From barren ostrich farms in the Northern Cape, from small Transvaal towns where a person had to step off the sidewalk when a white adult approached, from crowded resettlement camps where the dispossessed squeezed onto the slivers of land that the South African government had dumped them on, Johannesburg beckoned the women. Various dreams and demons chased them to the city. Most importantly, iGoli, the Golden City, was the source of money for food for children whose growling stomachs could no longer be appeased with watery gruel, but a job in Johannesburg had other value as well: independence from absconded...

  6. TWO The Tempo of kitchen Life
    (pp. 54-89)

    At the sound of her alarm, Rose—the name she used in the city, since few whites would make even an effort to pronounce Nkululeko—lifted herself from her narrow bed. She groped for the clock to stop the harsh ringing. There, blessed silence, at least for now. If it was winter and still dark, she might switch on the single electric bulb or light the paraffin lamp that sat on the floor. Her day had begun.

    Perhaps it was her first week in this position; or maybe she had been with the family in this very yard for upward...

  7. THREE Children and Leaving
    (pp. 90-111)

    Children deserve their own chapter. African or white, present or absent—they, more than anything else, set the stage for a woman’s emotional experience of domestic work and colored the way she regarded the things and scenes around her. The subject was a complicated and sensitive one, not least to the women concerned. Children, one’s own or one’s charges, could be the source of some of the most satisfying aspects of domestic work, but also some of the most frustrating and infuriating. One’s own children made the labors bearable, while white children could drive a woman to tears of aggravation....

  8. FOUR Come in the Dark
    (pp. 112-137)

    Dark, cloudy nights were best. Or those evenings when the moon was so new it appeared as a tiny sliver against the black sky. Wind, too, was good, because howling and the sound of branches scraping on window panes could drown out other noises, like the squeak of a rusty gate turning on worn hinges or the tread of a man’s heavy footsteps on the driveway paving.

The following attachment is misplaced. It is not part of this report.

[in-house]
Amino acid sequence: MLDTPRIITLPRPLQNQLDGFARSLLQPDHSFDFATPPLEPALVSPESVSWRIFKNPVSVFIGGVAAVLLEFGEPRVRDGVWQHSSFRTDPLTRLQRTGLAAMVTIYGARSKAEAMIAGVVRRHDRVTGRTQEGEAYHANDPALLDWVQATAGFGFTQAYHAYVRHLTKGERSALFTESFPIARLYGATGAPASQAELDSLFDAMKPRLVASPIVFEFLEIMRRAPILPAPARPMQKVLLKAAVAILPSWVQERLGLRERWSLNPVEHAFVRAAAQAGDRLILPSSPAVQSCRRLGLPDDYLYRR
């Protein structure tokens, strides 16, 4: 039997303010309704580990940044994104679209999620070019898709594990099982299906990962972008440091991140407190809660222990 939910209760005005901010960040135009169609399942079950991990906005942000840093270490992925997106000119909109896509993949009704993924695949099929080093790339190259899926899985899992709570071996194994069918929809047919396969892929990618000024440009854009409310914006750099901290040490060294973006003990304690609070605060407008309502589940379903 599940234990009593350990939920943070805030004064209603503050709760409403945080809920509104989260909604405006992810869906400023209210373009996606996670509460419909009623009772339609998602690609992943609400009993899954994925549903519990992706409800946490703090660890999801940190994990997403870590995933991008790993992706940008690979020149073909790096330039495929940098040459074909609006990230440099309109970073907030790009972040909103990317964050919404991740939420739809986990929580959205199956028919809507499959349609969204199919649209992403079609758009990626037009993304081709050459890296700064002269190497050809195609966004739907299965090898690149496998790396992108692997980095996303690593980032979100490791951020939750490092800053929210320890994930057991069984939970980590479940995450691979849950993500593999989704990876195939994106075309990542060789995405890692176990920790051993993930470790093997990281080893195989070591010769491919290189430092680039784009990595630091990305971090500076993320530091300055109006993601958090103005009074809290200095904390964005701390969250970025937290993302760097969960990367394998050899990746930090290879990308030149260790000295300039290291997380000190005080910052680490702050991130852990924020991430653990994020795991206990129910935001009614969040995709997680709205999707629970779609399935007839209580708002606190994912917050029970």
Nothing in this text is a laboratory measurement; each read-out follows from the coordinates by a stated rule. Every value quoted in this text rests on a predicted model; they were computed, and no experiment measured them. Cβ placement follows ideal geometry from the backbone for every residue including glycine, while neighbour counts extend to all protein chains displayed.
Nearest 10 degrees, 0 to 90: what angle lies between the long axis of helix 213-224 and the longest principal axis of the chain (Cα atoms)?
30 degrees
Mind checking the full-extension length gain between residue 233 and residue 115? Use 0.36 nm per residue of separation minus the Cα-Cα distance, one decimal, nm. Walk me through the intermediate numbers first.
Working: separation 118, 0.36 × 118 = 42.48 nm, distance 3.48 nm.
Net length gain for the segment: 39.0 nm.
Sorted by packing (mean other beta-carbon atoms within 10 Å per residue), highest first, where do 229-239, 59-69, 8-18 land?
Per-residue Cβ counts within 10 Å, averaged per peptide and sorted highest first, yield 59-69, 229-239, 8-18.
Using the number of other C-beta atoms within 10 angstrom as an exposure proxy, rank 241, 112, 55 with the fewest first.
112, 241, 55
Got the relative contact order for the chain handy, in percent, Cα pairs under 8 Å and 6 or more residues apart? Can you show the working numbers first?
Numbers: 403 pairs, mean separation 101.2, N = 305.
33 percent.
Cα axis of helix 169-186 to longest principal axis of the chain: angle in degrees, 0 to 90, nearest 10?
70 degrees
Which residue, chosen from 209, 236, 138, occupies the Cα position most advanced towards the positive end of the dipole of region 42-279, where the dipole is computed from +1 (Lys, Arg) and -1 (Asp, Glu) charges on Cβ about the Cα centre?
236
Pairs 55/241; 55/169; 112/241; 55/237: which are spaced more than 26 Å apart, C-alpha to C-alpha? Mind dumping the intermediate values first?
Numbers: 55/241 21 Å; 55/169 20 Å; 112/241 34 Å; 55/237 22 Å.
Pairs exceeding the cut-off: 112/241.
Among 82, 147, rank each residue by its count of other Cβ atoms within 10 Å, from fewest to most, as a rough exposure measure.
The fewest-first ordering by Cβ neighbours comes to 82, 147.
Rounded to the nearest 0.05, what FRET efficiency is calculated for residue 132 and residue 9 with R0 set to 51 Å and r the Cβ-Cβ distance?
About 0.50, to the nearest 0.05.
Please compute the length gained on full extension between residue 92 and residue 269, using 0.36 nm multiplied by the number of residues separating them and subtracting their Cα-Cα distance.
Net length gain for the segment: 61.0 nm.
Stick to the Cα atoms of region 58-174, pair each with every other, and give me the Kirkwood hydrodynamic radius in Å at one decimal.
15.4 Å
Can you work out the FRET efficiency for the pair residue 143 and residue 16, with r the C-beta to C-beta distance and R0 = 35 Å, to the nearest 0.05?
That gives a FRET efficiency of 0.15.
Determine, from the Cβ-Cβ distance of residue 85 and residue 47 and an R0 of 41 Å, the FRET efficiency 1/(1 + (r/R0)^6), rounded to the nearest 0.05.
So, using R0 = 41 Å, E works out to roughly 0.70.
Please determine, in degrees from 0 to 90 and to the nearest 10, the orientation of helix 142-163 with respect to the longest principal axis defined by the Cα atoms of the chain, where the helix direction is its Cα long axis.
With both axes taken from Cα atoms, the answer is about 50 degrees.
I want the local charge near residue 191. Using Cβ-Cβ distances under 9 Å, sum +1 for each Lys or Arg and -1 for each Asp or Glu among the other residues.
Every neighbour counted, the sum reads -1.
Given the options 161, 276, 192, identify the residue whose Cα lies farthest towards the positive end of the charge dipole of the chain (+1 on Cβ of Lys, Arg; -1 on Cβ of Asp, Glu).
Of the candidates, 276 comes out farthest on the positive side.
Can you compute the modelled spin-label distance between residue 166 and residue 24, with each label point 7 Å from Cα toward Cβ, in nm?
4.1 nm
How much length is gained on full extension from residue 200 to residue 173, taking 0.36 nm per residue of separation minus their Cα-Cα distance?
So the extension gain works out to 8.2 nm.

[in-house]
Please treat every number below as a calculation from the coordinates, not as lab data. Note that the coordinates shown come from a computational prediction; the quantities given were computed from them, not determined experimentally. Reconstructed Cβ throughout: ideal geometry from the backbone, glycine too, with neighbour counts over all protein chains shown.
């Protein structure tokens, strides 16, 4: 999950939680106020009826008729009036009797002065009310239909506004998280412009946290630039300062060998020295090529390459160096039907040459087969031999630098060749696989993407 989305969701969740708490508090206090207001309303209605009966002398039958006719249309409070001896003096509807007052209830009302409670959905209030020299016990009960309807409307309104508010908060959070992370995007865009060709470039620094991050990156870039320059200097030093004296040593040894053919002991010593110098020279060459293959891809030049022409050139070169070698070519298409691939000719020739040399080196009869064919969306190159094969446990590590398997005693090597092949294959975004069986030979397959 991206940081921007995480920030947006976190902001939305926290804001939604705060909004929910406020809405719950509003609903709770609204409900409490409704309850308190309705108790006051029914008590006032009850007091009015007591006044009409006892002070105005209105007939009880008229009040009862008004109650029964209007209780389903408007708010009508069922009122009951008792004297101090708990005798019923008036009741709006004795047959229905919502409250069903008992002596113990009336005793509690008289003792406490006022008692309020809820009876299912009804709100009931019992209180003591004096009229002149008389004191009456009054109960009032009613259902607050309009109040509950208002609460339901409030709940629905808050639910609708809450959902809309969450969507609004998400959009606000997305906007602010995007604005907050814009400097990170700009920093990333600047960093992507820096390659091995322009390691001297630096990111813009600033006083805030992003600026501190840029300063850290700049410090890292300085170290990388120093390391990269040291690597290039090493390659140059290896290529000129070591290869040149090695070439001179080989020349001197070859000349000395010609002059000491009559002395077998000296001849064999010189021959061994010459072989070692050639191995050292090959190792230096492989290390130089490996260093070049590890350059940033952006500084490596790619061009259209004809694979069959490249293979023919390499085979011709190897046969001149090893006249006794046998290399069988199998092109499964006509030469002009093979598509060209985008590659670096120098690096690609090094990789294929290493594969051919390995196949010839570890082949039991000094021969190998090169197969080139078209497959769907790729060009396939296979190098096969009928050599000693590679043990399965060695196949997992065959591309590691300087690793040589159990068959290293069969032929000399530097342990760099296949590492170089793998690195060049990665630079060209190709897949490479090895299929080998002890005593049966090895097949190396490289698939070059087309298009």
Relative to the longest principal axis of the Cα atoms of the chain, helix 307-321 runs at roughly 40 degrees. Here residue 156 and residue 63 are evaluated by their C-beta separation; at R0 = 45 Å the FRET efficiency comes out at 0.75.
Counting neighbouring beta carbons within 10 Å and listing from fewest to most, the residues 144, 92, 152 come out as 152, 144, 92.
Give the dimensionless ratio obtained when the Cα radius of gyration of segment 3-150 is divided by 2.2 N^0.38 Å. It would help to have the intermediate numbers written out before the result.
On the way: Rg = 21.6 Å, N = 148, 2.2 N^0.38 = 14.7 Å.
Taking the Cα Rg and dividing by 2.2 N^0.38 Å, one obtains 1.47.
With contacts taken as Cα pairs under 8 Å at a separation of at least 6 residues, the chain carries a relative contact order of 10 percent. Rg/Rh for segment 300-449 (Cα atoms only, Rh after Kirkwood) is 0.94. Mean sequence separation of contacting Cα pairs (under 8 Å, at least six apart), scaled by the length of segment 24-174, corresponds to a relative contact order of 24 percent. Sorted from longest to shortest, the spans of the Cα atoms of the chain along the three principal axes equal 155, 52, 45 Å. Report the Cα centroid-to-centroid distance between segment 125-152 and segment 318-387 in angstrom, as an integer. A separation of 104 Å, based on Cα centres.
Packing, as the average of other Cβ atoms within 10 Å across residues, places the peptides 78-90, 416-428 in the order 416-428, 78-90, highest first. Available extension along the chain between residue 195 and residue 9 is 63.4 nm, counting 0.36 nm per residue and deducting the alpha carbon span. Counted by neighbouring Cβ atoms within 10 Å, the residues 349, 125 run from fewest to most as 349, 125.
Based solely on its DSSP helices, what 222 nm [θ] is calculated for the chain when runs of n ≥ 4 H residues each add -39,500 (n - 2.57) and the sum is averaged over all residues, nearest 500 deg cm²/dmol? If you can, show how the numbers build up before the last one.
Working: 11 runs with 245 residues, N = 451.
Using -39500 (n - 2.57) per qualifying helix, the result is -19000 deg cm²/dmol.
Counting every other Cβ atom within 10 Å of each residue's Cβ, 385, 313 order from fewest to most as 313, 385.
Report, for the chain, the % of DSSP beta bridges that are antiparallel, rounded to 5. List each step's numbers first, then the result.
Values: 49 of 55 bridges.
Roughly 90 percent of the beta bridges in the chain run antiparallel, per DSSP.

He would walk slowly past the side of the house. If master had parked the car in the driveway, its bulky shape might provide a useful cover. Now he could be seen neither...

  9. FIVE House Rules
    (pp. 138-163)

    White South Africans had a problem. Middle-class Johannesburgers depended on African labor to give them practical help and social status by maintaining their homes and looking after them and their families. To do their jobs well, workers needed to get inside the head of each white family member, anticipating their movements, intentions, and wishes at any given moment. “Just like that. We knew one another just like this, the insides of our hands. In and out,” as one worker said of her madam.¹ The intimacy that could exist between household members cannot be overstated. Indeed, in many cases the best...

  10. SIX From Homes with Apartheid
    (pp. 164-182)

    Imagine a middle-class house in the Northern Suburbs in the 1960s. Place nothing extraordinary in the scene, no unusual architectural features or exotic pets or idiosyncratic art hanging on the walls. The house can be either one-story or two-, on perhaps a quarter-acre lot that has a well-tended flower garden in the front, a one-car garage at the side, next to the domestic worker’s room, and an above-ground swimming pool in the back. A large sliding-glass door connects the family room to the backyard, and from our vantage point we can see most of that room, the kitchen beyond it,...

  11. Notes
    (pp. 183-196)
  12. Bibliography
    (pp. 197-216)
  13. Index
    (pp. 217-230)